J. William Fulbright

"The tone and tendency of liberalism...is to attack the institutions of the country under the name of reform and to make war on the manners and customs of the people under the pretext of progress."
- - - Benjamin Disraeli, Speech In London, June 24, 1872

J. William Fulbright was born on April 9, 1905 in Sumner, Missouri, son of Roberta Waugh and Jay Fulbright. He married Elizabeth Williams. He is an alumnus of the University of Arkansas(A.B., 1925), Oxford University where he was a Rhodes scholar(B.A., 1928; M.A., 1931), and George Washington University(LL.B., 1934).

In 1934, Fulbright was admitted to the bar in Washington, D.C. and became an attorney in the anti-trust division of the Justice Department. He moved onto the staff of the National Recovery Administration but when the NRA was declared unconstitutional by the Supreme Court, Fulbright was out of a job. He stayed in Washington for another year, lecturing on law at George Washington University.

From 1936 until 1939, Fulbright was a lecturer in law at the University of Arkansas and, from 1939 until 1941, he was president of the University. But then he was fired from that position by Governor Homer M. Adkins. For a short time, thereafter, Fulbright devoted most of his energies to the lumber business.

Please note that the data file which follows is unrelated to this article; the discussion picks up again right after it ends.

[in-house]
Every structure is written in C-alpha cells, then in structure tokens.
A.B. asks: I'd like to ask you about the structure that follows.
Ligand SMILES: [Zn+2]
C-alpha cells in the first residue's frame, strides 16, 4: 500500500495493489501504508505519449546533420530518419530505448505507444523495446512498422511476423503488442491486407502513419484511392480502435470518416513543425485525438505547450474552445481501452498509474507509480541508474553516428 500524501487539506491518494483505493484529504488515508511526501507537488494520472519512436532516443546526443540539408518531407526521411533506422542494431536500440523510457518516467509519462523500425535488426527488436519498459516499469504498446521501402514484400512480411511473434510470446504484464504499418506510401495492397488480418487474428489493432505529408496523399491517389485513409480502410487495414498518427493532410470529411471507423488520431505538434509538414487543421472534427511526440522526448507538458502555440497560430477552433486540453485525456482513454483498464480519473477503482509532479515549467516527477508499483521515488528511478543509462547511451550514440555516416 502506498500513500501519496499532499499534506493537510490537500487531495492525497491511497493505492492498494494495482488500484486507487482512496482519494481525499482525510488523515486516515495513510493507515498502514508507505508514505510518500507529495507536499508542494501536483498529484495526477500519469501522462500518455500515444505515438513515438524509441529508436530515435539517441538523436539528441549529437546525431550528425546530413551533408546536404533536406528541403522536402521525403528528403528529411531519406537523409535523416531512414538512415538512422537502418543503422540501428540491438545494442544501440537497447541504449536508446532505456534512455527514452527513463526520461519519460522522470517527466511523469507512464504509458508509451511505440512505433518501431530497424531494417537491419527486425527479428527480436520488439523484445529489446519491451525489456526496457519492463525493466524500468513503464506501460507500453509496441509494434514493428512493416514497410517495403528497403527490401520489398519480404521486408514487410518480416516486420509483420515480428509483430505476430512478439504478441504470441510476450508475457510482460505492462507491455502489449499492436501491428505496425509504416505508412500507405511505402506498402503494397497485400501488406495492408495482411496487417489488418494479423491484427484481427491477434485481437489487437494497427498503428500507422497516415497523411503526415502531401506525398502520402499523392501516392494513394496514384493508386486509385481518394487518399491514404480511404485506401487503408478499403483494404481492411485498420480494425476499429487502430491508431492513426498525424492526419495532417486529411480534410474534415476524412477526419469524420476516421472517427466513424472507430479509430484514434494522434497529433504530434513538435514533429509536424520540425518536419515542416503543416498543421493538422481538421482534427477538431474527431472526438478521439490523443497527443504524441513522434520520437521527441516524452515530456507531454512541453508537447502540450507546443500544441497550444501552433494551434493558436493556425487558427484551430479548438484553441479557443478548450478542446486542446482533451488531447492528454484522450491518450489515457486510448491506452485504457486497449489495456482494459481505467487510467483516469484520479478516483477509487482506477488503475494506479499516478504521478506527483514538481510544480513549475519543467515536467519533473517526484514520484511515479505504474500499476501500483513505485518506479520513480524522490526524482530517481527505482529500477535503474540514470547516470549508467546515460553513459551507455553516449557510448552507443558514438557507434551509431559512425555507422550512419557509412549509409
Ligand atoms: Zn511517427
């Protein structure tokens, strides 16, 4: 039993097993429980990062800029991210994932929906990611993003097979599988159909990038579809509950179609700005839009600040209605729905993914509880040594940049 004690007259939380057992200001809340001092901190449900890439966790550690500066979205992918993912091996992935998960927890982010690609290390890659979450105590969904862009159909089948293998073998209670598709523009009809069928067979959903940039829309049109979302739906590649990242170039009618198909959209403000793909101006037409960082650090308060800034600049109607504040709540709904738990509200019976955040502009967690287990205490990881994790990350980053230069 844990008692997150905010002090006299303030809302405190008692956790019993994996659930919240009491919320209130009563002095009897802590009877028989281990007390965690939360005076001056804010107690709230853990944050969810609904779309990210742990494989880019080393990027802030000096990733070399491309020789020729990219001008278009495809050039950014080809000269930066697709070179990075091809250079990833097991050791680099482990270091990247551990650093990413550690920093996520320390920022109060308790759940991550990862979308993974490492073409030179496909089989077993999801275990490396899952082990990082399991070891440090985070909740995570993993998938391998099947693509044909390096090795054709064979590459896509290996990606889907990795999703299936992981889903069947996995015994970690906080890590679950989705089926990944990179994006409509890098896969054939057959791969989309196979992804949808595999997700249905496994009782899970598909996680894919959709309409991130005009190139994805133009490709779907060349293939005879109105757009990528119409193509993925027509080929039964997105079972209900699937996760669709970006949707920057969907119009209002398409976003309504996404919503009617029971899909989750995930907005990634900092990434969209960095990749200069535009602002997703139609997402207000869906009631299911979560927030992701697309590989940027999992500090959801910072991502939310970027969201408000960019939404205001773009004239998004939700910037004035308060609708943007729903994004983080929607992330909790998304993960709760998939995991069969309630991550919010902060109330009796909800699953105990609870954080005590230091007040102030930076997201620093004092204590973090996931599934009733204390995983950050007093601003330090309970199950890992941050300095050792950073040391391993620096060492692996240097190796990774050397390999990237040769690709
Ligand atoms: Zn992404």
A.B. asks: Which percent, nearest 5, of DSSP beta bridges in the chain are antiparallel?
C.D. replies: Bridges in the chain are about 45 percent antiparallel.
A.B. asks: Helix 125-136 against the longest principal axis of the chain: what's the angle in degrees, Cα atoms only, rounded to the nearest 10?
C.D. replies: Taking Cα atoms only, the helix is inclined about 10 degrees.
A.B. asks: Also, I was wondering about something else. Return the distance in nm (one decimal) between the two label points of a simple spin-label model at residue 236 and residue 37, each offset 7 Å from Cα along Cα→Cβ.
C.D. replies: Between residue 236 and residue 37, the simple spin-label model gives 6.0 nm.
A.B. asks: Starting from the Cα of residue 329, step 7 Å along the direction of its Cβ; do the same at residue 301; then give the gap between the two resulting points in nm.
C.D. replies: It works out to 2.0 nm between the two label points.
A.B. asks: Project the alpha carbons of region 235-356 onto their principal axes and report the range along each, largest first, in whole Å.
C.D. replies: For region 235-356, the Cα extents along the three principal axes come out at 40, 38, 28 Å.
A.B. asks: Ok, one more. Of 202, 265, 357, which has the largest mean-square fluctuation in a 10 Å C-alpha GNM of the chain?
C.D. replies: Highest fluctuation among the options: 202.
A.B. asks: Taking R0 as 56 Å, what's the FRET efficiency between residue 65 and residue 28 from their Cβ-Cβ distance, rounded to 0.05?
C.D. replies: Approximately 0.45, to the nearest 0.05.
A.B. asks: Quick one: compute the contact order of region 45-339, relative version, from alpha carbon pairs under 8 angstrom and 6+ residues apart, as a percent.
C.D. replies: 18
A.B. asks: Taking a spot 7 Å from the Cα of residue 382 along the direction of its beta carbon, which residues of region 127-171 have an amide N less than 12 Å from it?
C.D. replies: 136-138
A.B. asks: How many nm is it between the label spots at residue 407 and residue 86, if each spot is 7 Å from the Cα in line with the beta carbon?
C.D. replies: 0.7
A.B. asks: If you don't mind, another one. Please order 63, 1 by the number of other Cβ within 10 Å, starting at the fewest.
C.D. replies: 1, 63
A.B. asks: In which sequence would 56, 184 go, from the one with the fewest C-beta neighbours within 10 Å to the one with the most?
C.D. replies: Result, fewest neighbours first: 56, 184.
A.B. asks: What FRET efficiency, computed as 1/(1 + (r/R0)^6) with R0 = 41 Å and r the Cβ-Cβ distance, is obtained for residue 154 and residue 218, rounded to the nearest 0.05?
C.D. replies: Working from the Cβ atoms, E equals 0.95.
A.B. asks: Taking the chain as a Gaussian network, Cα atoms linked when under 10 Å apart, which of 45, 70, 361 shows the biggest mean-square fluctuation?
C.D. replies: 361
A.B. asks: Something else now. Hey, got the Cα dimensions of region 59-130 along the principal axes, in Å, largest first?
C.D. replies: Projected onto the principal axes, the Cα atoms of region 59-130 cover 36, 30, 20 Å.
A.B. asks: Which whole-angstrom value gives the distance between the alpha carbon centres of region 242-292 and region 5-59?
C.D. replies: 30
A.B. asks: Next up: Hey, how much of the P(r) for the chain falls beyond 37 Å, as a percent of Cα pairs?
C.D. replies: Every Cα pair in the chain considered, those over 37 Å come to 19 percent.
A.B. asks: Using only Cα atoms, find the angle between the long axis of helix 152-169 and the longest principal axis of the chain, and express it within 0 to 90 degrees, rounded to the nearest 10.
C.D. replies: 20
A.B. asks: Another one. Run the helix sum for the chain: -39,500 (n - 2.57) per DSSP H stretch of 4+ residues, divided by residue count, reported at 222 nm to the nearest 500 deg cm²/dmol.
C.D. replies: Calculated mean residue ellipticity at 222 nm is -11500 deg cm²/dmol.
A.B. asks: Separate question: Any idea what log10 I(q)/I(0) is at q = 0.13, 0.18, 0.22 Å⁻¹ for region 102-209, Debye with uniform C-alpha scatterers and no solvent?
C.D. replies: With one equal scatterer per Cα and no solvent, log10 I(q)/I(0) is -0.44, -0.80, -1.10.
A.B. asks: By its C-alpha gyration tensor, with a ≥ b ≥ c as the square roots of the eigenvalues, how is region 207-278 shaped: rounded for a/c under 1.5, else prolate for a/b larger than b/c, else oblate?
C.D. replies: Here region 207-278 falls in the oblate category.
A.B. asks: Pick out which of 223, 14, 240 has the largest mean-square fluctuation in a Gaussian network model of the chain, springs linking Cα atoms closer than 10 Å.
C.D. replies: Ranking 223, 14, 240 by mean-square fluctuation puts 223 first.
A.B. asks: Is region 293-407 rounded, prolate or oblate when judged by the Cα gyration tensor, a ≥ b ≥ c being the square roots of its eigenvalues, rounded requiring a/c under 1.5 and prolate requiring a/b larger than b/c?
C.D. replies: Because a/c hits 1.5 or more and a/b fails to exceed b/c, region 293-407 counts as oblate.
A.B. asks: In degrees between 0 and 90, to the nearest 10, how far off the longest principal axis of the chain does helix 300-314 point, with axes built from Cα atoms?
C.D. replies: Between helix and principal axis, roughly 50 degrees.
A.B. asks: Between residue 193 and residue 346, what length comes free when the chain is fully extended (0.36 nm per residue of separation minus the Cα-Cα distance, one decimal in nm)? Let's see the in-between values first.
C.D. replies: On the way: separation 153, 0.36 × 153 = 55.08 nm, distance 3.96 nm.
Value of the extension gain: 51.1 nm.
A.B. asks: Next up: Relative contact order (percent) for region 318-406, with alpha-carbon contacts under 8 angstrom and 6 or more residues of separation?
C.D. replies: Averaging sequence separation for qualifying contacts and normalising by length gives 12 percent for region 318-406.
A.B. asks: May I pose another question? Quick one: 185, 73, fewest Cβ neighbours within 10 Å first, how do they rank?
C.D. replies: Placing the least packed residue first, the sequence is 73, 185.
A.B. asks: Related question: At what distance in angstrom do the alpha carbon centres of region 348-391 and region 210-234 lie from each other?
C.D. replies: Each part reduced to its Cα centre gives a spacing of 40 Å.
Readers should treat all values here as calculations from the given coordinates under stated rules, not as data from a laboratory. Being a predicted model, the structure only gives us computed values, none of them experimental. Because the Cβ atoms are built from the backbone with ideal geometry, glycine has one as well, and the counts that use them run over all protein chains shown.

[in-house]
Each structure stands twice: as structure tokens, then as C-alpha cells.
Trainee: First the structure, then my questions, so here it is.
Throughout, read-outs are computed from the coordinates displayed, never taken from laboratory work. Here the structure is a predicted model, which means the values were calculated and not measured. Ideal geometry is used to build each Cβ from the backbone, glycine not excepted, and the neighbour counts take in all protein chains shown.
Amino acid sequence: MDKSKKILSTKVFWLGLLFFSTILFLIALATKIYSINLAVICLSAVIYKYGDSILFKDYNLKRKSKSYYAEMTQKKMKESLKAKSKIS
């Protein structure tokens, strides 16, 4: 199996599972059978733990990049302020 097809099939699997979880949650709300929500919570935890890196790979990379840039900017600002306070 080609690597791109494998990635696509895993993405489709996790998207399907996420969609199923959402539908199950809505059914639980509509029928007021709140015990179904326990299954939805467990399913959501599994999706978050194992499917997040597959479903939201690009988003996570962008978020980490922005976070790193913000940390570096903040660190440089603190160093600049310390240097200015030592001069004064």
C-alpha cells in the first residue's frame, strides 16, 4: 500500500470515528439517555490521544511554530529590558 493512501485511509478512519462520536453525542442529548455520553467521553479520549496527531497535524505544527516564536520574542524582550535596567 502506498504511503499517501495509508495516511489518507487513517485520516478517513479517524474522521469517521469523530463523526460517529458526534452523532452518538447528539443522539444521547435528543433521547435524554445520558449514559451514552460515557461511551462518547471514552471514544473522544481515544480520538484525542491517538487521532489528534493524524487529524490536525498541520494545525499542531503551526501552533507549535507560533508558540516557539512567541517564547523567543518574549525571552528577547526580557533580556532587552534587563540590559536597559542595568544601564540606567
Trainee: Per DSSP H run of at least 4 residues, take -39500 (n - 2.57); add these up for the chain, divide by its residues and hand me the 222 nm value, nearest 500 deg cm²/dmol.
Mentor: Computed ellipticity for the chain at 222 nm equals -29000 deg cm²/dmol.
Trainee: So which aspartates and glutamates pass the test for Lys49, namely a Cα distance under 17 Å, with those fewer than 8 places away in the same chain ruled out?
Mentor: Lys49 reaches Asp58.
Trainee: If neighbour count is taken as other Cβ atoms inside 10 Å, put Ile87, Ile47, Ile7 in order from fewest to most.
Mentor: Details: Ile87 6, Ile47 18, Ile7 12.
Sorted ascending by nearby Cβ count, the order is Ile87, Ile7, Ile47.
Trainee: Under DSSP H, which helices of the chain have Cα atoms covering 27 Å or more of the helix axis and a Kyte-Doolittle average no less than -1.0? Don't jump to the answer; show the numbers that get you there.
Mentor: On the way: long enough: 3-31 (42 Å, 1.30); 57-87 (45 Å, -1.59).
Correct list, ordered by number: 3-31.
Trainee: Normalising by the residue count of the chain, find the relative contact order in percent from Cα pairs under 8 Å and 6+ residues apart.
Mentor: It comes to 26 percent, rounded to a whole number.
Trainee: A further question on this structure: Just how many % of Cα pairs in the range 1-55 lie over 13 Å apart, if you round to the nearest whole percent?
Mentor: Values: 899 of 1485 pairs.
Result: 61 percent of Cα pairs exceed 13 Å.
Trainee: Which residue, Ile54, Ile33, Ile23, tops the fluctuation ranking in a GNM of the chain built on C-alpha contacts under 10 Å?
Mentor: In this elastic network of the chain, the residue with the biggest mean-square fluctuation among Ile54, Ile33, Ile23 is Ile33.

In 1942, Fulbright was elected to the House of Representatives, where he served one term. His two years in the House were distinguished by his vote against the continuance of the Special Committee on Un-American Activities(the Dies Committee). Fulbright said that the investigation of Communists in government or anywhere else was "unnecessary and moreover was not in the interests of maintaining good relations with our allies[the Soviet Union]." Also, as a freshman Representative, Fulbright succeeded in having the House adopt its first one-world resolution - the Fulbright Resolution by which the House went on record as favoring "the creation of appropriate international machinery, with power adequate to establish and maintain a just and lasting peace among the nations of the world, and [favoring] the participation of the United States...through its constitutional processes." The Senate followed the House in adopting the Resolution. All of this in advance of the creation, and America's membership, in the United Nations.